And as you all know, I do not want Palin to be President in 2012. I want Michele Bachmann to President in 2012, who, as a homeschooling mother, is the stronger purer form of what Sarah Palin represents. She’s 100% feminity wedded to 100% conservatism. She is a walking refutation of feminist griveance-mongering. You don’t have to be a feminist in order to succeed as a woman. You don’t have to hate men. You don’t have to hate marriage. And you don’t have to kill children. You can love men, love marriage, and love children, and you can still go straight to the top.

UPDATE: Robert McCain has more.

Taranto is very close to something here, and I wonder if he doesn’t push the argument to its logical conclusion because he is afraid that he would be denounced by hysterical women — yes, even Republican women, even some “conservative” women — if he spoke the blunt truth.

One of the necessary consequences of the Modern Professional Feminist Career Woman Lifestyle is that it tends to limit women’s procreative capacity. It isn’t merely that feminism’s embrace of the Culture of Death elevates abortion to sacramental status. Rather, it is that feminist notions of Progress require that women foresake (or at least postpone) the love-marriage-motherhood model of happiness in pursuit of careerist equality. Even if a woman does not actually go all-out in following the anti-phallocratic ideology — “Feminism is the theory; lesbianism is the practice,” to quote Ti-Grace Atkinson — her pursuit of the career woman lifestyle inevitably restricts her reproductive opportunities.

By the time she finishes college and grad school and establishes herself firmly en route to an upper-middle-class socioeconomic future, the the Modern Professional Feminist Career Woman is 30 or older. Even if she could meet Mister Right, she’s not going to abandon her career — for she has been taught to consider life meaningless without a professional career — in favor of domesticity. Ergo, even if she marries and decides she can afford a baby, she’ll have to hire someone to raise it for her while she returns to the job from which she derives her sense of purpose and identity.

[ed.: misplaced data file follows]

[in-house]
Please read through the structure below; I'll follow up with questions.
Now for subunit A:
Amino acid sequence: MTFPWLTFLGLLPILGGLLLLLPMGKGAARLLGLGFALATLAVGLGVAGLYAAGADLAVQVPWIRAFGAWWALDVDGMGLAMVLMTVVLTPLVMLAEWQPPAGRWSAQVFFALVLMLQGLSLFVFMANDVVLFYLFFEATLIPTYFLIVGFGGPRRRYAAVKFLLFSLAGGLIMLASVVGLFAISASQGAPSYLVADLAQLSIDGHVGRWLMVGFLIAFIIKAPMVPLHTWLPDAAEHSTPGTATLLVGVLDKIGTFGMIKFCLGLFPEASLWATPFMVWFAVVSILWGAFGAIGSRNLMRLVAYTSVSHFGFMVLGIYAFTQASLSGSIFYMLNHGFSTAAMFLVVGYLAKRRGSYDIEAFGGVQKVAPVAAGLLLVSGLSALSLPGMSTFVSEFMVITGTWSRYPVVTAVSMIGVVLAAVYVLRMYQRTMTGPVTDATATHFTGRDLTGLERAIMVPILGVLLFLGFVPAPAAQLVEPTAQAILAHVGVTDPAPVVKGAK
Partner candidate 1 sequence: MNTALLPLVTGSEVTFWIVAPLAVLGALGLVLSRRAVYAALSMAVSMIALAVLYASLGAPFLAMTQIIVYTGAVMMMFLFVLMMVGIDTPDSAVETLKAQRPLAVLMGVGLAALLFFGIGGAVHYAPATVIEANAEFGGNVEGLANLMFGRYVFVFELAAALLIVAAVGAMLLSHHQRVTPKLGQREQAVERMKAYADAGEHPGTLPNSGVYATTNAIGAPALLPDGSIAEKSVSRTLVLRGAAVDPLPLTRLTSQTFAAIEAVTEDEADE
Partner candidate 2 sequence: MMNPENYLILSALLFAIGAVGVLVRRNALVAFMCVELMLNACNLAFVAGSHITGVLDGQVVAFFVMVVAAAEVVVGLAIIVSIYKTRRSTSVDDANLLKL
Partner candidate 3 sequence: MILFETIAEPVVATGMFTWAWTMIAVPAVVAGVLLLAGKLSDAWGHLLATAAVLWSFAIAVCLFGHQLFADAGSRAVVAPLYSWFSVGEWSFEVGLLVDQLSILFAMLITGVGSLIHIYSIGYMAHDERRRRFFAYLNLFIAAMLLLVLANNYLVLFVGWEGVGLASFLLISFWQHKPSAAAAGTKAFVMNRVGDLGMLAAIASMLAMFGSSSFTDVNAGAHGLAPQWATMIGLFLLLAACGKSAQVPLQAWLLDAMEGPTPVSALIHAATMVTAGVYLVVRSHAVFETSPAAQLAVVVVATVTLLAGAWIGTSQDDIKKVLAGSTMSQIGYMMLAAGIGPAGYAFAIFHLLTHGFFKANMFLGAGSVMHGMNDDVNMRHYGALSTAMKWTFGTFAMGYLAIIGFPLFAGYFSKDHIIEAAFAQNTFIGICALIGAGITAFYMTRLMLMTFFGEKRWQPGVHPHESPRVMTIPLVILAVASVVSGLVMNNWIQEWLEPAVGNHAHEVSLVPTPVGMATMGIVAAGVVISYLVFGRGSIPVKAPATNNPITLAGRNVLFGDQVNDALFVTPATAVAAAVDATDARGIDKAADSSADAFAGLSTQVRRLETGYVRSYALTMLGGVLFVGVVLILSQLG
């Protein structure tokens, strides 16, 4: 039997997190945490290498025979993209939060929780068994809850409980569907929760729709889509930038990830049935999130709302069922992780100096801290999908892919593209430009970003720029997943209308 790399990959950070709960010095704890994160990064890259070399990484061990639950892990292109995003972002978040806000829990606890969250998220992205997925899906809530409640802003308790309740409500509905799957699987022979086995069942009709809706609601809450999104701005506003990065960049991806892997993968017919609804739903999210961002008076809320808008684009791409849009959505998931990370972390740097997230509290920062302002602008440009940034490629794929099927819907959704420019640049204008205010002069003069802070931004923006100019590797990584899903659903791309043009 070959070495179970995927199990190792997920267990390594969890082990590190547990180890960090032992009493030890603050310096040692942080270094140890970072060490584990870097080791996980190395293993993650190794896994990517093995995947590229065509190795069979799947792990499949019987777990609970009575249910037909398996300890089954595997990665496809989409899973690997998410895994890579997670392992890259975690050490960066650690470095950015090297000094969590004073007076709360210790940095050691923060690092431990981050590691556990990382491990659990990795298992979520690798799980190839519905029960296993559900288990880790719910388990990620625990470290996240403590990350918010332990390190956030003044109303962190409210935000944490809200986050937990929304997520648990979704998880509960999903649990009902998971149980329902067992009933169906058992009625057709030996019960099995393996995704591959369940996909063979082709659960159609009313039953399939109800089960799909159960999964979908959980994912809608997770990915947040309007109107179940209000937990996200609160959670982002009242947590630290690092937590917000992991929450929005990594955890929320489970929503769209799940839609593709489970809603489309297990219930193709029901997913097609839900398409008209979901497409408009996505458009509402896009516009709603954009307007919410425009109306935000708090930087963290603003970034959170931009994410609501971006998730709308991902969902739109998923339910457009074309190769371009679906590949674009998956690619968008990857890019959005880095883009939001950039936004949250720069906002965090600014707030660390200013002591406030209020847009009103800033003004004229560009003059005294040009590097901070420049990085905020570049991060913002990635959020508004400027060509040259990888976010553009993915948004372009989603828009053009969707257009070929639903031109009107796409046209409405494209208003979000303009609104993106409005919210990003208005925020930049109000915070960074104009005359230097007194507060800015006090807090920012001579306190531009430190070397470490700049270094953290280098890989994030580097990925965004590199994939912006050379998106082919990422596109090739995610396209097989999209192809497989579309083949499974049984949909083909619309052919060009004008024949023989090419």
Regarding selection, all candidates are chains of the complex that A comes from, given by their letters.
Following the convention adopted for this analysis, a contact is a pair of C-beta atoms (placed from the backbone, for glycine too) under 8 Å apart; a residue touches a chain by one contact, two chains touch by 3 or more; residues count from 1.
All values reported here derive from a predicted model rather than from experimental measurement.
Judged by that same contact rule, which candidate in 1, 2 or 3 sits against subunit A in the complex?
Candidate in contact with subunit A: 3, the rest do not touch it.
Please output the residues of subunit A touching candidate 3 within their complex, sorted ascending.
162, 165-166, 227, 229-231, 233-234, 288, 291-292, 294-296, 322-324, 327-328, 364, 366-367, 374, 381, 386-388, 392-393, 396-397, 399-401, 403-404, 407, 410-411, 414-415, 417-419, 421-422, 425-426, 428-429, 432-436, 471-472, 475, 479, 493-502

He’s one of the few bloggers who gets deep into these moral issues. All my Christian readers should bookmark his blog.

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Paul Copan interviewed on the hard passages of the Old Testament

How would you respond to all of the troubling stories in the Old Testament, (conquest, slavery, etc.), and the characterizations of God as jealous and angry and vengeful? Paul Copan has written a new book on those topics and more.

From the Evangelical Philosophical Society blog. (H/T Mary)

What surprising thing did he learn while researching the book?

Surprising—and yet not surprising—is the fact that the more deeply I dug into understanding the ancient Near East, the more the biblical text made sense and the more favorable it looked in comparison to other relevant texts in the ancient Near East.  For example, the strong bravado and exaggeration typical of ancient Near East war texts (“leaving alive nothing that breathed”) was used even when lots of the enemy were left standing and breathing!  What’s more, Israel’s warfare—directed at non-combatants in citadels or fortresses (“cities”)—is tame in comparison to other ancient Near Eastern accounts of, say, the Assyrians.